30 May 1993
Ultimate sacrifice: Some soldiers never returned home from World War II
By Jay Graybeal
Included in the Historical Society of Carroll County’s extensive photograph collection is a group of World War II press release photographs of local service men and women. The images show personnel working at military installations, training, receiving promotions and decorations and enjoying their off-duty hours. Tragically, three of these men shown in happier times were among the 111 Carroll Countians who paid the supreme sacrifice in World War II.
The Gold Star Mothers tablet was dedicated on Memorial Day 1949. An article in the Westminster Democratic Advocate described the event:
“One of the leading features of the Memorial Day festivities was the unveiling of the bronze and granite tablet by the Mayor and Council to the Gold Star Mothers, located in the flower garden at the City Hall.
“The bronze tablet is in the memory of those who made the supreme sacrifice in World War II. Mr. Mitten opened the brief dedicatory service and introduced Rev. J. Keller Brantley, who offered the invocation. A trumpet trio composed of members of the Westminster Band played ‘Somewhere.’
“Mayor Mathias presented the tablet on behalf of the City of Westminster to the Gold Star Mothers. Mrs. Horace Greenwood, President of the Gold Star Mothers, gratefully accepted the tribute.”
Photo credit: Courtesy of the Historical Society of Carroll County
Photo caption: Staff Sgt. Horace Kenneth Greenwood (back row, second from left) and fellow B-17 bomber crew members at Alexandria Army Air Base, La. Sgt. Greenwood was lost over Germany in February 1944. An article in the March 24, 1944 Westminster Democratic Advocate noted that he was initially reported as missing in action: “Missing in Action in Germany – Radio Gunner S. Sgt. Horace Kenneth Greenwood with the U.S. Bombing forces in Europe was reported missing in action over Germany as of February 25. S. Sgt. Greenwood is the son of Mr. and Mrs. Horace I. Greenwood, near city. His wife is the former Bertha Myers and he has a four-month-old daughter Lanetta Darlene, whom he has never seen. He was 22 years of age last August 28. Before joining the Army he farmed with his father. He enlisted in the Army Medical Detachment and was stationed at Carlisle Barracks, Pa. It will be five years this May 5, since he enlisted. In August 1942, he was transferred to the Air Corps at Scott Field. In December of that year he was sent to Tomah Radio School, Tomah, Washington.”
Photo caption: Aviation Cadet Rene Edward Lash, USNR, posed in his flight jacket while in training at Pensacola, Fla. The young flyer was killed in a flying accident in May 1944. His obituary appeared in the Westminster Democratic Advocate: “Cadet Lash Buried Here – Rene Edward Lash aged 22, air cadet, U.S. Navy Reserve, Pensacola Florida, met death as the result of an airplane crash according to a telegram received by his parents. He was the son of Edward and Louisette Lash, Hollow Rock Road. The family moved to this county about two years ago. The mother teaches French in the Park School, Baltimore. The young cadet was to have received his wings Tuesday. Besides his parents he leaves a brother Roger, seaman 1/C, U.S. Navy Reserve, and a sister, Marie, at home. The body arrived here on the 9:21 train Wednesday morning and was taken to St. John’s Catholic Church where a requiem mass was celebrated at 1 o’clock in charge of the pastor, Rev. John C. Broderick. Burial in the Church Cemetery.”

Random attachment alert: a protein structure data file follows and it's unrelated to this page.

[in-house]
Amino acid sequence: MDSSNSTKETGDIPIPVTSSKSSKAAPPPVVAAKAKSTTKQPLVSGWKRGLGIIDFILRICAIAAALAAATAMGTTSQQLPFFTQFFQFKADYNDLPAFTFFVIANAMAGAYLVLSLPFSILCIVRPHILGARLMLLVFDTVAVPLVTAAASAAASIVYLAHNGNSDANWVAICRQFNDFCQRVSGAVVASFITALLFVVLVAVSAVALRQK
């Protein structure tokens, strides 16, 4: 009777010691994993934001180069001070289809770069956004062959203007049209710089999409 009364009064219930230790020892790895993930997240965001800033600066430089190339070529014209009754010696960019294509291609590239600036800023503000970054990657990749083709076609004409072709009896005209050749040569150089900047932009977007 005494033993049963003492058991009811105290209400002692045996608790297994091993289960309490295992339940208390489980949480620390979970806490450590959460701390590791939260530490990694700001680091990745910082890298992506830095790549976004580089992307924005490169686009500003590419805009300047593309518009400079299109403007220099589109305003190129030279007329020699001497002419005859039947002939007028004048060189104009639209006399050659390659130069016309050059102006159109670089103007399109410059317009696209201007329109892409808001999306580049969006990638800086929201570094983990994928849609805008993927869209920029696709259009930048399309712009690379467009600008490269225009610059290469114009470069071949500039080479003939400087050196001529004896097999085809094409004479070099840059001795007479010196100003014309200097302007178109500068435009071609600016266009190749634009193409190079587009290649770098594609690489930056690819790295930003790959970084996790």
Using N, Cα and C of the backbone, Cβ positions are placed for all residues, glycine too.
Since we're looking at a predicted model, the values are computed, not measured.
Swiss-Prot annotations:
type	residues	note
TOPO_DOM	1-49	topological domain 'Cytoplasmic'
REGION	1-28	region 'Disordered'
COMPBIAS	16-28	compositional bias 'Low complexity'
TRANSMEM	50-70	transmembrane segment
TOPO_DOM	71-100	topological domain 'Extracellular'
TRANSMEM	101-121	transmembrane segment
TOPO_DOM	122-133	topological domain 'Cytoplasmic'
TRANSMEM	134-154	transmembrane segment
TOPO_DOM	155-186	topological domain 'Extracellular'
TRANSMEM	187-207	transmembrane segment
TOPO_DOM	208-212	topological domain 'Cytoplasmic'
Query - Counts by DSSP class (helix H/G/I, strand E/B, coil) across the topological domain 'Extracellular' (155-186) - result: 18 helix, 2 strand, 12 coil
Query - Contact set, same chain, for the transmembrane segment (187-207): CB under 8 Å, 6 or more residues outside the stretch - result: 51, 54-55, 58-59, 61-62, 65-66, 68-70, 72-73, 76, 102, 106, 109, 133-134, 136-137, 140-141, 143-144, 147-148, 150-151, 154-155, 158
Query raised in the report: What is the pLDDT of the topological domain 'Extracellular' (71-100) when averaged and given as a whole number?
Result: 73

Photo caption: Staff Sgt. Norman S. Cope (center), fellow squadron members and their pet Italian pig “Little Flower.” The Westminster Democratic Advocate of May 18, 1945 included an article about Sgt. Cope being listed as missing in action: “Woodbine Soldier Missing In Action – S/Sgt. Norman S. Cope, Woodbine is reported missing in action April 10, during the U.S. and British aerial assaults which paved the way for the subjugation of Italy, the aerial gunner’s father, James O. Cope near Woodbine, has been officially notified by the War Department. S/Sgt. Cope was a tail gunner on a B-24 bomber of the U.S. Fifteenth Air Force and had been awarded the Air Medal with clusters as well as the Presidential Unit citation for tactical accomplishments in support of the U.S. Fifth and British Eight Army ground troops in Northern Italy.
Explanation of the gunnery sergeant’s being reported missing is contained in a letter from his squadron chaplain to the gunner’s father:
‘On the tenth of April our group bombed a tactical target in Northern Italy. Norman was on this sortie. Immediately after bombs away a burst of flak struck the right wing of the ship between the engines. The wing broke and the other half fell away. Observers say the plane seemed to stop in mid-air, then spun downward. Some report two chutes blossomed before the ship struck the ground and burst into flames. It often happens that more get out a falling plane then are seen by returning crews. We hope and pray that this will prove true in this case.’”